New research suggests that brain training may not protect older people from memory loss or help them think better.
Florida State researcher Dr. Neil Charness, professor of psychology and a leading authority on aging and cognition, teamed up with Dr. Wally Boot, associate professor of psychology, and graduate student Dustin Souders to investigate claims made by the booming brain-training industry.
“Our findings and previous studies confirm there’s very little evidence these types of games can improve your life in a meaningful way,” said Boot, an expert on age-related cognitive decline.
Their findings appear in the science journal Frontiers in Aging Neuroscience.
Charness, who’s also the director of Florida State University’s Institute for Successful Longevity, said an increasing number of people believe brain training helps protect them against memory loss or cognitive disorders.
“Brain challenges like crossword games are a popular approach, especially among baby boomers, as a way to try to protect cognition,” Charness said.
That popularity has turned the brain-training industry into a billion-dollar business. Brain games are available online and through mobile apps that typically sell for about $15 a month or $300 for lifetime memberships.
But advertising for this rapidly growing business sector has sometimes used inflated claims. The Federal Trade Commission fined one brain-training company $50 million for false advertising, which was later lowered to two million dollars.
“More companies are beginning to be fined for these types of inflated claims and that’s a good thing,” Boot said. “These exaggerated claims are not consistent with the conclusions of our latest study.”
The Florida State University team’s study focused on whether brain games could boost the “working memory” needed for a variety of tasks. In their study, they set up one group of people to play a specially designed brain-training video game called “Mind Frontiers,” while another group of players performed crossword games or number puzzles.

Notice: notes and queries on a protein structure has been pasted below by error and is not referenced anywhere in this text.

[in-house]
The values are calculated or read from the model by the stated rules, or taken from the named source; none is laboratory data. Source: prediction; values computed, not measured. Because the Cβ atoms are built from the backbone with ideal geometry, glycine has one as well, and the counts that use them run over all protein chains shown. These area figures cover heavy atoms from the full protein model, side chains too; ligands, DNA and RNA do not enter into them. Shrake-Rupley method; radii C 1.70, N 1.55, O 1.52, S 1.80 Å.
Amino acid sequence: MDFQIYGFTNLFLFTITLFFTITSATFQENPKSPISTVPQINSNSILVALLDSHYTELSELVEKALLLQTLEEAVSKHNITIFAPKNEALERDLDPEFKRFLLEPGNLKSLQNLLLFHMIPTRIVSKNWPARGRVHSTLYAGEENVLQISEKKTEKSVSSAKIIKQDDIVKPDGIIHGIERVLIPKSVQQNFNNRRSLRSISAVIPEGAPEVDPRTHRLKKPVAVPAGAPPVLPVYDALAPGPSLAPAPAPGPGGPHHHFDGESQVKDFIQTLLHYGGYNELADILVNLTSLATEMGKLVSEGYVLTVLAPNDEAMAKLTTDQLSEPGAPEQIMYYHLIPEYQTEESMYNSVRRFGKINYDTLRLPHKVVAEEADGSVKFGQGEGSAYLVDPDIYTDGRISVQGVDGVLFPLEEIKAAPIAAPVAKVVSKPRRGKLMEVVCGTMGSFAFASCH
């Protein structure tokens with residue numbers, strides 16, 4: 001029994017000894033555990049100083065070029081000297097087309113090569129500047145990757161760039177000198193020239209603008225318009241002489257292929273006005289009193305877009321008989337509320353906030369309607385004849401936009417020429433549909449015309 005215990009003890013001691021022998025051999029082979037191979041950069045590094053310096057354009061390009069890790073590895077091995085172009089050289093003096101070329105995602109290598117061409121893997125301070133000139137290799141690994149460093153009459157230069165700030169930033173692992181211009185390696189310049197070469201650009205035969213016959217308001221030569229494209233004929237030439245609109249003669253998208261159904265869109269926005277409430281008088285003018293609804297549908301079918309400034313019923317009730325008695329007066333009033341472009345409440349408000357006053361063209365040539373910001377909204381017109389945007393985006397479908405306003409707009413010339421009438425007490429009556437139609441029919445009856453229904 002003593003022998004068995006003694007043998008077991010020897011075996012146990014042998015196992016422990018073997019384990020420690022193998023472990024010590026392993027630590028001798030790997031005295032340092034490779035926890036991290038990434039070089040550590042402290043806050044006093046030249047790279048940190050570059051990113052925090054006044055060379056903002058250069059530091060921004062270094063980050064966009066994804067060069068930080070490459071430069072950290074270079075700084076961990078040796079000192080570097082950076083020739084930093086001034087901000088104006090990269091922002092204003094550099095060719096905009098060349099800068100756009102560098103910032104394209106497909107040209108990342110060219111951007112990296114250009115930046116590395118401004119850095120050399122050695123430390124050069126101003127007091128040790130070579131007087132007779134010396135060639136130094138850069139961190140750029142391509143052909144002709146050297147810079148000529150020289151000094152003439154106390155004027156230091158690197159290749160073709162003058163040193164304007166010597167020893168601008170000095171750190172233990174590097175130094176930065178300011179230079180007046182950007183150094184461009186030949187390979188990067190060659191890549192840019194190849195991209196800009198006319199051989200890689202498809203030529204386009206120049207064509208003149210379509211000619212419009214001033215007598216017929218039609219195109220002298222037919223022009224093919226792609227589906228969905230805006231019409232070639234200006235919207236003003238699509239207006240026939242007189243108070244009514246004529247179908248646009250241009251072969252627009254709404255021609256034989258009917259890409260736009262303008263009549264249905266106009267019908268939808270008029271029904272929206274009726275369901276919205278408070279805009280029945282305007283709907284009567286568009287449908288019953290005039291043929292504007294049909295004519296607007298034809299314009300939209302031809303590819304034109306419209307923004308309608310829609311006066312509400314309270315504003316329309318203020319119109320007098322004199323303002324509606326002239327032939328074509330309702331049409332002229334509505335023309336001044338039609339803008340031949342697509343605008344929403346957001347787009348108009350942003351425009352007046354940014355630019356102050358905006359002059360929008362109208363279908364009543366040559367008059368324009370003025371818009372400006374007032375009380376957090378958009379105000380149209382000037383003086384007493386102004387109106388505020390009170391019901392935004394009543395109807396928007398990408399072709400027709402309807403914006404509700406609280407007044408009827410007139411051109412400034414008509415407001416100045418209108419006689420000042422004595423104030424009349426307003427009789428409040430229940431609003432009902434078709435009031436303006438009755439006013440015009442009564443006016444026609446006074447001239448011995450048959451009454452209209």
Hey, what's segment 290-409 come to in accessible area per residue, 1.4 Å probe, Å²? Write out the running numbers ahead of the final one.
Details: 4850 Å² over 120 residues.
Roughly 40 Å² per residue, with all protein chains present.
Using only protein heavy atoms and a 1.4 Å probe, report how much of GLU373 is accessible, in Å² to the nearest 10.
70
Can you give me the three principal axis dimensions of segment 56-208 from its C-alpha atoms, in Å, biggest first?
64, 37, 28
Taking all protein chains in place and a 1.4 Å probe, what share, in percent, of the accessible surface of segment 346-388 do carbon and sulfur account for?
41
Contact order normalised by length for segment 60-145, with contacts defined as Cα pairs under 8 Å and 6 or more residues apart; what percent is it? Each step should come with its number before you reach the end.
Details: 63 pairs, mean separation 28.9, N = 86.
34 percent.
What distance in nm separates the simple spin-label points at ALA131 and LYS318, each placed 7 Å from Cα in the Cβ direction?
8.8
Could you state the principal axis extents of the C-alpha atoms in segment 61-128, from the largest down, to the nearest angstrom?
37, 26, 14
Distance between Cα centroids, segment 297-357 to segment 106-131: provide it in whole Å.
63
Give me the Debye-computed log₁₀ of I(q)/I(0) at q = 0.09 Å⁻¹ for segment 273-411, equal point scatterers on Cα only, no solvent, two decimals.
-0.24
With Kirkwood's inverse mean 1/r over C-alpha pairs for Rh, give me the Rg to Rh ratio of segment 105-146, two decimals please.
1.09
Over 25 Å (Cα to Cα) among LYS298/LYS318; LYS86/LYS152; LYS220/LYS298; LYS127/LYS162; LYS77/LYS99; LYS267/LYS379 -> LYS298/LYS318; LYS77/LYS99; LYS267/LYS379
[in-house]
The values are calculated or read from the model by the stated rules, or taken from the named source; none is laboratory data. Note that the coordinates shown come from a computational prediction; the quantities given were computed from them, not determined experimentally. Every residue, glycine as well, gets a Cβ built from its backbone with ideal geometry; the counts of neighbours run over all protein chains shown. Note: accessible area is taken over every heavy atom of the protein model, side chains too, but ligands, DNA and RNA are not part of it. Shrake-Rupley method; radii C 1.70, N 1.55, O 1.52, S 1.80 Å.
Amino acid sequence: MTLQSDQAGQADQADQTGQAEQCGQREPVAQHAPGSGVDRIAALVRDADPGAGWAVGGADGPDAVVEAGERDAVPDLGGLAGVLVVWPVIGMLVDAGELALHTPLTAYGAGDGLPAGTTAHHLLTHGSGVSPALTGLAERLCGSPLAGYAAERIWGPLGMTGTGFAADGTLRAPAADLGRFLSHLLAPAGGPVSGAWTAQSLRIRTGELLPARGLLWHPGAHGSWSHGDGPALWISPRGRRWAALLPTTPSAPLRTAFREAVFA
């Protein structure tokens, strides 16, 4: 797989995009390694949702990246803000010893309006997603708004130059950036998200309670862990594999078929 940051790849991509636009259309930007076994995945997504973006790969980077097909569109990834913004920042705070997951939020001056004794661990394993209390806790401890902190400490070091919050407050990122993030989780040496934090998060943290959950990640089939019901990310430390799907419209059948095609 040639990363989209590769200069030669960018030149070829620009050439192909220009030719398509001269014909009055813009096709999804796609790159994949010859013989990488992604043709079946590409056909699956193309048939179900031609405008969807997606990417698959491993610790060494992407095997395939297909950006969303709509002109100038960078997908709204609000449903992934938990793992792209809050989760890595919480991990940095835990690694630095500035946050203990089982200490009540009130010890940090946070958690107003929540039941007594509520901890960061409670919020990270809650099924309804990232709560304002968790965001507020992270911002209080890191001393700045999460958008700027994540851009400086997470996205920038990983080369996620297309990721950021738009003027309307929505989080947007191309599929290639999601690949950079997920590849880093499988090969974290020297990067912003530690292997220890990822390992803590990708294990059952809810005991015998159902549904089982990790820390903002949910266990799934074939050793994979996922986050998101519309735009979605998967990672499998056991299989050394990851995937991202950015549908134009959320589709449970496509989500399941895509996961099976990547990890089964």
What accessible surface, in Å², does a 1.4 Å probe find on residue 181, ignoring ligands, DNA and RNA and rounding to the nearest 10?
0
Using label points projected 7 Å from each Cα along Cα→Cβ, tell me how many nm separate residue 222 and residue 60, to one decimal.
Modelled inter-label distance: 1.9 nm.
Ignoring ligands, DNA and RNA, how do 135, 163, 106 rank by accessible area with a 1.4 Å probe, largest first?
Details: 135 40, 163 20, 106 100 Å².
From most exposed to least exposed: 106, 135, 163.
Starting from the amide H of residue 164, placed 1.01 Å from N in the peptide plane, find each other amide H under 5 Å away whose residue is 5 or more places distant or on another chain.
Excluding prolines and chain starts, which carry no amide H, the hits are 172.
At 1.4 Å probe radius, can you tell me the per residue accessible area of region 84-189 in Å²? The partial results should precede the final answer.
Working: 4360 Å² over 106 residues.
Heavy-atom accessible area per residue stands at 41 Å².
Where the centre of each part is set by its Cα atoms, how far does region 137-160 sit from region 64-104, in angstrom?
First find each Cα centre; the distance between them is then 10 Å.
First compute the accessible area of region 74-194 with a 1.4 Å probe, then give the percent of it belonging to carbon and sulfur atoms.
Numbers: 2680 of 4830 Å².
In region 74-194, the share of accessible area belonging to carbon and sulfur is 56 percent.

All players were given lots of information they needed to juggle to solve problems. Researchers tested whether the games enhanced players’ working memory and consequently improved other mental abilities, such as reasoning, memory, and processing speed.
That’s the theory behind many brain games: If you improve overall working memory, which is fundamental to so much of what we do every day, then you can enhance performance in many areas of your life.
The team examined whether improving working memory would translate to better performance on other tasks or as the researchers called it: “far transfer.”
In short, no.
“It’s possible to train people to become very good at tasks that you would normally consider general working memory tasks: memorizing 70, 80, even 100 digits,” Charness said. “But these skills tend to be very specific and not show a lot of transfer. The thing that seniors in particular should be concerned about is, if I can get very good at crossword puzzles, is that going to help me remember where my keys are? And the answer is probably no.”
Charness noted that other research finds aerobic exercise, rather than mental exercise, is great for your brain. Physical exercise can actually cause beneficial structural changes in the brain and boost its function. He predicts “exer-gaming,” which combines exercise with brain games, will increase in popularity in the 21st century.